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Sleep and wake machine to trash busy files System
I have on a number of occasions experienced files in the trash that refuse to be erased, because they are in use ... even though they are not in use. Normally that requires a machine restart.

Quite accidentally, I discovered that putting the machine to sleep and then waking it up again did the same thing. Maybe quite obvious when you think about it, but this will save me a lot of unneccesary restarts, thereby prolonging the lifespan of my CPU.

[robg adds: I'm not sure about the prolonging CPU life bit, but it will certainly save a lot of time. We've run a number of hints about deleting busy files, though none in the last year or so.]
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Sleep and wake machine to trash busy files
Authored by: subatomicsatan on Apr 05, '05 11:13:04AM

this comment is slightly off-topic, but relates to this hint.

is there something special about this hint? i noticed it in the rss reader i use (pulpfiction lite), but when i tried to view this hint, it stated i had to be logged in in order to see it. prior to logging in, it was invisible (on the main site). after logging in, there it is with nothing i can see that distinguishes it from any other hint. other than it is a "system" hint.

what's up with that?



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Sleep and wake machine to trash busy files
Authored by: adrianm on Apr 05, '05 12:09:35PM

I get that a lot. PITA.



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Terminal.app
Authored by: lullabud on Apr 05, '05 02:07:59PM
If you're comfortable with the Terminal.app there's an even quicker way to do this.

rm -r ~/.Trash/*

That's only for trash on your local disk though. Trash on other disks would need to be done with something such as...

rm -r /Volumes/FirewireDisk/.Trash/*

Be careful with that command though! It's widely known to cause big headaches (ie: important data loss) if typed wrong!

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Terminal.app (and rm)
Authored by: tjfarrell on Apr 05, '05 06:05:09PM
This gets rid of the file's directory entry - but only gets rid of the actual file if nothing has it open. This may be what you want (trash will empty now), but don't expect to always get your disk space back right away. If the file is really open it is only deleted when it is closed (see "man unlink" for details) .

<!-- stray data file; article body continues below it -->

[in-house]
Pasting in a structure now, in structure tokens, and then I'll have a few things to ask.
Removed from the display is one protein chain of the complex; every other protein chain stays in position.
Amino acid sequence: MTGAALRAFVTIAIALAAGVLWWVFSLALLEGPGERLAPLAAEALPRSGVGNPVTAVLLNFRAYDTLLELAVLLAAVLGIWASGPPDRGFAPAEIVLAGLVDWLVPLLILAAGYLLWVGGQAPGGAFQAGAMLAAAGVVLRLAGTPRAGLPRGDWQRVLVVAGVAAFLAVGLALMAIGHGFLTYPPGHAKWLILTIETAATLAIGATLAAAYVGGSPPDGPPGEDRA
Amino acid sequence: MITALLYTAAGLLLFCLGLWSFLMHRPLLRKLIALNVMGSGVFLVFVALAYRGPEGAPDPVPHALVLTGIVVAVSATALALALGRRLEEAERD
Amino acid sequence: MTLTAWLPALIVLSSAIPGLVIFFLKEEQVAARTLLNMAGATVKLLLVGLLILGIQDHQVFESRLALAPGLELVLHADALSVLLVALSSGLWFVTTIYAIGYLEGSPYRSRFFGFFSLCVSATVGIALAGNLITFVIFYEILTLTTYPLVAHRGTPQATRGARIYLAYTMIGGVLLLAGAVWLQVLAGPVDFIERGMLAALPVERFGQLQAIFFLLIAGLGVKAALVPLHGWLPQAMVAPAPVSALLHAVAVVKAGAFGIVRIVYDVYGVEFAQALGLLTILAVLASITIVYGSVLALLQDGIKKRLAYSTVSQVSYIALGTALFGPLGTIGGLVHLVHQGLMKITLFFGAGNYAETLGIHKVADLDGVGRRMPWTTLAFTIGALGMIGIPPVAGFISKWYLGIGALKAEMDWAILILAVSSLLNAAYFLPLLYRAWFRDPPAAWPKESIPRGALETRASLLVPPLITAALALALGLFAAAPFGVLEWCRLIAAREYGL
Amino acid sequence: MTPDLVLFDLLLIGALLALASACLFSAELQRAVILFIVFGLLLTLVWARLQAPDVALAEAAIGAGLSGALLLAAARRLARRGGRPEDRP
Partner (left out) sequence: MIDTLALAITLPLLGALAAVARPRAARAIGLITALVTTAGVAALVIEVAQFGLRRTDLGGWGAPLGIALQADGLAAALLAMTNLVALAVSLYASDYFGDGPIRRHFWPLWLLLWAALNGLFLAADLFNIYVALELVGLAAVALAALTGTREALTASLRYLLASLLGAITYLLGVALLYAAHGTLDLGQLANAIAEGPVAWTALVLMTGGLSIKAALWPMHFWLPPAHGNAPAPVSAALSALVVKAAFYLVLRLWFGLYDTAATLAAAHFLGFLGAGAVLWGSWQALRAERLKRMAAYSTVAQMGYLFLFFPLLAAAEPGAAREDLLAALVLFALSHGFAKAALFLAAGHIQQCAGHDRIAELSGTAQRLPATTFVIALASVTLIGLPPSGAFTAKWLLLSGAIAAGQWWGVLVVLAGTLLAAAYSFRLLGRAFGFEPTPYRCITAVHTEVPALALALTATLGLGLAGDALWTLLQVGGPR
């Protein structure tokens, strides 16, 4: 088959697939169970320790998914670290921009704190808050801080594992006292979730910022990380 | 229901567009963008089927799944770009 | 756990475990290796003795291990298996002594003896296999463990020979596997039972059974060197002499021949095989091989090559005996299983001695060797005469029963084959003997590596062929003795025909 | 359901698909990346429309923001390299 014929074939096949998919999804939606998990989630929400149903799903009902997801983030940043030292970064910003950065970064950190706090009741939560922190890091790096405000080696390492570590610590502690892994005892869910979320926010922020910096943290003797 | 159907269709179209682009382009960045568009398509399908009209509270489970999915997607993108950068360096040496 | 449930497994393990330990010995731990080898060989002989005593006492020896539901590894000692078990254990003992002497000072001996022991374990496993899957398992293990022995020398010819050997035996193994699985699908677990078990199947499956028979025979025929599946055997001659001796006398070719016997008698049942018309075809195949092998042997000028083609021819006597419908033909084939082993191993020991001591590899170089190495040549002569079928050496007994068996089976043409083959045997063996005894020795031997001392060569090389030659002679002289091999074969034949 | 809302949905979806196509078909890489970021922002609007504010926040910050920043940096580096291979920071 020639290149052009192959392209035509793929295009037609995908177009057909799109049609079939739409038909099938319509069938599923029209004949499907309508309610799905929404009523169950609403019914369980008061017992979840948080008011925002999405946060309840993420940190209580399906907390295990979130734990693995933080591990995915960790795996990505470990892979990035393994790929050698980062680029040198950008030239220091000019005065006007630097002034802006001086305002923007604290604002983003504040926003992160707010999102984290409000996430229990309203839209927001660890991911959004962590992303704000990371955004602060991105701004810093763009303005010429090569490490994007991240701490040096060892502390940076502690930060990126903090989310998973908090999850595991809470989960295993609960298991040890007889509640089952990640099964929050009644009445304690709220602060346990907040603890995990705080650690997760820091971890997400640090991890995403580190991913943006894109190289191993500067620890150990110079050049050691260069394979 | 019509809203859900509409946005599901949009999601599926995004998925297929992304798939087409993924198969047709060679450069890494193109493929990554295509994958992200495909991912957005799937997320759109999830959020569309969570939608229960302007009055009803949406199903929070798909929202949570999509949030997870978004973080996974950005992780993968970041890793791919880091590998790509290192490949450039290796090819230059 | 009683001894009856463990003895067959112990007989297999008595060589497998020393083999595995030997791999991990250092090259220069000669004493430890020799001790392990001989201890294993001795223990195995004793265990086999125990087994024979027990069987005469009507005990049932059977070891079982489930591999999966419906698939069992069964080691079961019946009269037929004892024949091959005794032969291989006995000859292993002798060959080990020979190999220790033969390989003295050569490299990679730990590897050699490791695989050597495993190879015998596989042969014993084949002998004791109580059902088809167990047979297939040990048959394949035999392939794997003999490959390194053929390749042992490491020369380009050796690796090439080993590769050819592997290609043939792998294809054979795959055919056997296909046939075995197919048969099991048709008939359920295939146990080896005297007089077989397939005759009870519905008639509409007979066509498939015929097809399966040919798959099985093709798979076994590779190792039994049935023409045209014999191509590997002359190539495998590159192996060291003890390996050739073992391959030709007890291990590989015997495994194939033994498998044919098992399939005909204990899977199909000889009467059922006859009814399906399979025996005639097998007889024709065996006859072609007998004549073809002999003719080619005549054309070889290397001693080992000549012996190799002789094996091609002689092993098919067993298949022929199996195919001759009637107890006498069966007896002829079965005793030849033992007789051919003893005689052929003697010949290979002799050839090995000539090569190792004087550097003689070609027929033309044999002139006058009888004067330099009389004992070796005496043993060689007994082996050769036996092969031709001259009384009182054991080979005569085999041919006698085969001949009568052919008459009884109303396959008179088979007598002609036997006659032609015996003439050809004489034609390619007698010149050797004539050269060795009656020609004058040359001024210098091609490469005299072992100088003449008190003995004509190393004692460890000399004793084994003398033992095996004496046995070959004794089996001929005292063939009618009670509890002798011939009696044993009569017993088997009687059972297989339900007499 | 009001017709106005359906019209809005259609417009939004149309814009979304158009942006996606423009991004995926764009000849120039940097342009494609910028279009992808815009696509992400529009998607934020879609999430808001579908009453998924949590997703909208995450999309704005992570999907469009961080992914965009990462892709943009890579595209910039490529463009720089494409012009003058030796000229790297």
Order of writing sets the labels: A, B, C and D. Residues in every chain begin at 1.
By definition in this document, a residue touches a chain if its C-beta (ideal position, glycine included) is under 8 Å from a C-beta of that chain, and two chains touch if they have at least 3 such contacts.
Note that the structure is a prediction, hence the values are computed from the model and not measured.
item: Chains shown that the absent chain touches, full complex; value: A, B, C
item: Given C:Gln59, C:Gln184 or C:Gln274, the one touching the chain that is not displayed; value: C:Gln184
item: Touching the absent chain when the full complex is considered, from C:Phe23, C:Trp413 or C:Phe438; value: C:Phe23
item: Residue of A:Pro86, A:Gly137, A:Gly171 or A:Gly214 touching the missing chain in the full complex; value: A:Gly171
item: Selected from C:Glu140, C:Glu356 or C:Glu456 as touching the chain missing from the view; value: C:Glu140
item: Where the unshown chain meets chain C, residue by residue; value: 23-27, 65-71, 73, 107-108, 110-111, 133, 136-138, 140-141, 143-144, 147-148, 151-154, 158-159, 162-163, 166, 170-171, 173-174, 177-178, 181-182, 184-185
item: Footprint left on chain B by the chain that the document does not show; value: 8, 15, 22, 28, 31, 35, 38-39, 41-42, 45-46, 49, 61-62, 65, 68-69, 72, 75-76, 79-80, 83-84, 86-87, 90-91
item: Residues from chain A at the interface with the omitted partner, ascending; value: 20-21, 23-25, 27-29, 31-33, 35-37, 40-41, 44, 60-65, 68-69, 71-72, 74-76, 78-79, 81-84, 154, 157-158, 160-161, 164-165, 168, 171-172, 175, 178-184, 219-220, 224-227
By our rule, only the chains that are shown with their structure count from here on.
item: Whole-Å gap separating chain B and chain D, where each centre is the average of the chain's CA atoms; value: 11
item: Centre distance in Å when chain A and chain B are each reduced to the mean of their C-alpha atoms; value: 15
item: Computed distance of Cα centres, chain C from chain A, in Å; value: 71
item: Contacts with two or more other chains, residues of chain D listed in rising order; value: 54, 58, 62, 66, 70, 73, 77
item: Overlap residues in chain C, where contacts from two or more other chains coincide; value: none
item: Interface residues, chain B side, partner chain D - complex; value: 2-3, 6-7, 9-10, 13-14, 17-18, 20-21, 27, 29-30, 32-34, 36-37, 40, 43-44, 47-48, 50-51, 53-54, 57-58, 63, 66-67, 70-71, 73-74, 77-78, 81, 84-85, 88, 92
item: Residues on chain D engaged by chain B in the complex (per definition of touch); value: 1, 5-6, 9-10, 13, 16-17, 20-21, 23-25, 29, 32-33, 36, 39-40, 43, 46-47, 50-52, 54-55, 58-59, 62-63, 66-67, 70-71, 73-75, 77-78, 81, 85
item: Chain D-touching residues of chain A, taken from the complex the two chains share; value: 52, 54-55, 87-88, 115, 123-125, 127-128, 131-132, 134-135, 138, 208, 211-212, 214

To work out if something has it open, you can probably use the "ls -i" command to get the inode of the file and then use "lsof" to find what has it open. For example

    > cd .Trash
    > ls -i filename
    2808535 filename
    > lsof | grep 2808535

This should tell you the name of the program with open.

(There are many other options to lsof which may help - I haven't had a good look at them, but beware that since you trashed the file, its name may have changed - I don't know if lsof reports the original file name or the current file name)

---
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T. Farrell

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Emptying stubborn trash with Terminal.app
Authored by: rpcr on Apr 06, '05 08:56:07AM

You want to put a sudo in front of both of those - the whole reason the trash won't empty is because some process has the trashed file(s) open.

An ordinary user can't override these other processes' need for the trashed file, but the superuser can.

So:

sudo rm -r ~/.Trash/*

[password requested and entered]

and/or

sudo rm -r /Volumes/MountedVolumeName/.Trashes/*

[password requested and entered]

Oh, and notice that the volume-wide trash for volumes (both mounted in the /Volumes directory, and the boot volume, /) is .Trashes, not .Trash. Only user home directories use .Trash as the trash directory.



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